Mahayoga teachings belong either to the tantra class (Tib. Gyüdé) and the sadhana class (Tib. Drupdé). In the sadhana class there are the sadhanas in which the Kagyé appear altogether and the sadhanas of the individual Kagyé deities. There are sadhanas such as Lama Rigdzin Düpa or Tukdrup Barché Künsel which are sadhanas of this particular Kagyé deity, Lama Rigdzin.
Lama Rigdzin is the lama practice. If you accomplish the practice of the lama, then you also accomplish the yidam, the dakini and the dharmapalas. Generally it is said that the root of all blessings is the lama, the root of all accomplishment is the yidam and the root of all activity is the dakini and the dharmapalas. These are the practices known as the “three roots”. Even so, since they are all accomplished through the force of the lama’s compassion, if you accomplish the lama you accomplish the others as well.
Vajradharma, the "keeper of secrets", compiled the Kagyé teachings and wrote them down. He then took them to the Shankarakuta (Tib. Deché Tsekpa) where they were buried in the presence of the great dakini Lekyi Wangmo. In the stupa together with the eight caskets, one for each of the Kagyé, there was one additional casket made from five different precious materials and studded with precious gems, within which were eight divisions corresponding to the eight Kagyé. Unlike the other teachings which were for the separate practice of each individual deity, these teachings were for the joint integrated practice of all eight simultaneously. This casket was put in the centre of the eight vajra masters, without being given to any one in particular. The teachings that came from this chest were the Kagyé Deshek Düpa: ‘The Gathering of the Sugatas of Kagyé’.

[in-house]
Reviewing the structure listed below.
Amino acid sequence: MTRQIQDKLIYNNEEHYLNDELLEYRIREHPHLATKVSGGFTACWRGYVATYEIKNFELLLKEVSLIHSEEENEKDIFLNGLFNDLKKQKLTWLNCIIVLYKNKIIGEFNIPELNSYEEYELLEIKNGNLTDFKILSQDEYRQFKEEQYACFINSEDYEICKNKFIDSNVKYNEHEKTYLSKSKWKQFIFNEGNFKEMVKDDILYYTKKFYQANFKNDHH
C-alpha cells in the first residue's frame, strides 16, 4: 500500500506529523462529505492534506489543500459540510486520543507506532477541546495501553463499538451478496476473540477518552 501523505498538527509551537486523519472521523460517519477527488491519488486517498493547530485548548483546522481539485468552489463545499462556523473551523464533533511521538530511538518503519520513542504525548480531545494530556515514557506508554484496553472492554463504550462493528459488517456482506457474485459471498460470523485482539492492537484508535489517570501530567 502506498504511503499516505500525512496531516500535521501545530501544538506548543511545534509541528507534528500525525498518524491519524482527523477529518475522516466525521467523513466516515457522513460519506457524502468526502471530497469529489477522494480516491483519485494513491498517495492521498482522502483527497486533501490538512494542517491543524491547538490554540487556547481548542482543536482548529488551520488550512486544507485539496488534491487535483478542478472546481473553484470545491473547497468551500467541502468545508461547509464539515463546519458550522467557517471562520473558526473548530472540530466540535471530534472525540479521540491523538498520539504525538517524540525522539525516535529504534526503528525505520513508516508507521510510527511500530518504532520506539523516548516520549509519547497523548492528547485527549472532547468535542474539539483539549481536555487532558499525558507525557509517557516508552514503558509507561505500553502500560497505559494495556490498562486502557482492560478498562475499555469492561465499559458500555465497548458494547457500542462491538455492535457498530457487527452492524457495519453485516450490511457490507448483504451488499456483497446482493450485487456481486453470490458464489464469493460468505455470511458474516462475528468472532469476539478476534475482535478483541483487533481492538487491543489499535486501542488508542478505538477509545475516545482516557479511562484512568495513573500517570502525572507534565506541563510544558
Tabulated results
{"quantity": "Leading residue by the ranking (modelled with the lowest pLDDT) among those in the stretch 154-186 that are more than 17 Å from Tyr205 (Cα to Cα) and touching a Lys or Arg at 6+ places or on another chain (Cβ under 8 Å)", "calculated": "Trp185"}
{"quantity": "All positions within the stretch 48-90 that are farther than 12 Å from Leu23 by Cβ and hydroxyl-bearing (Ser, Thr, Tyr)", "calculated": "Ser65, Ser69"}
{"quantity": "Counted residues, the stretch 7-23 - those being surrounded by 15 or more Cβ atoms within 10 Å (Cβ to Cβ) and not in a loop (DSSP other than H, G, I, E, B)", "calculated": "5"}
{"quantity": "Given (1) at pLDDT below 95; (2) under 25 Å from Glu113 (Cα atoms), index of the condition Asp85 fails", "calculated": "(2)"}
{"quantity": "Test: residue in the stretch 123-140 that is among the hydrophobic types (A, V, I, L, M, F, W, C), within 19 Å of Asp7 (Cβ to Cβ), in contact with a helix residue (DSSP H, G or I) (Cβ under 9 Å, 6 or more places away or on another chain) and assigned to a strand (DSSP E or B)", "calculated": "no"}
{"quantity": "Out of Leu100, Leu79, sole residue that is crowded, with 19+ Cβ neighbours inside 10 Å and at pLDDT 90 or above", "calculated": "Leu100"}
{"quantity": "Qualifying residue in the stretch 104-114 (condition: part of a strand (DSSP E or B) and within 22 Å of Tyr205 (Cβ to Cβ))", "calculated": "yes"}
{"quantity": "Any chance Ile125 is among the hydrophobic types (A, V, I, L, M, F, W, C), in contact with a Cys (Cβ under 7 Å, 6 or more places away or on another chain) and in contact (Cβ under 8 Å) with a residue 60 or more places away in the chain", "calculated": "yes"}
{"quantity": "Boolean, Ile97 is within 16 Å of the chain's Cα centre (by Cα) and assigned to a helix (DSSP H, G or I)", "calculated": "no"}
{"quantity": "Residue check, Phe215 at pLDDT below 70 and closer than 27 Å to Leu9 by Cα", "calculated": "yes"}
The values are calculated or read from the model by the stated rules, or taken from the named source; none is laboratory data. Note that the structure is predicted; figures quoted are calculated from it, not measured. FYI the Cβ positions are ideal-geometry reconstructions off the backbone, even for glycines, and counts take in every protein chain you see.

When each one of the great vajra masters who had gathered at Deché Tsekpa—Humkara, Manjushrimitra, Nagarjuna, Padmasambhava, Dhanasamskrita, Vimalamitra, Rambuguhya and Shantigarbha—had received their particular chest, they opened them and extracted their respective teachings (see the Kagyé article). However none of them were able to open the final casket containing the eight sectioned Kagyé Deshek Düpa, so for seven days the vajra masters became absorbed together in meditative equipoise, and prayed single-pointedly to the dakinis to assist them. As a result, after the seven days had elapsed, the seal of the last casket sprang free and it opened of its own accord. This is how they were able to extract the teachings of Kagyé Deshek Düpa.
Another historical account records how, since this receptacle could not be opened by the eight vajra masters, it was placed back inside the Deché Tsekpa stupa and buried once again. Then at a later date Guru Padmasambhava returned to open the seal and reveal it. When he extracted the Kagyé Deshek Düpa from the casket, the dakinis guarding the treasure asked Padmasambhava to practise these teachings and transmit them to others.
According to yet another account, the Vajrakilaya teachings were brought out and passed by the dakinis into the hands of the vajra master Prabhahasti, who then later transmitted them to Guru Padmasambhava. However, the casket of five precious substances containing the Kagyé Deshek Düpa was given directly by the dakinis to the vajra guru Padmasambhava.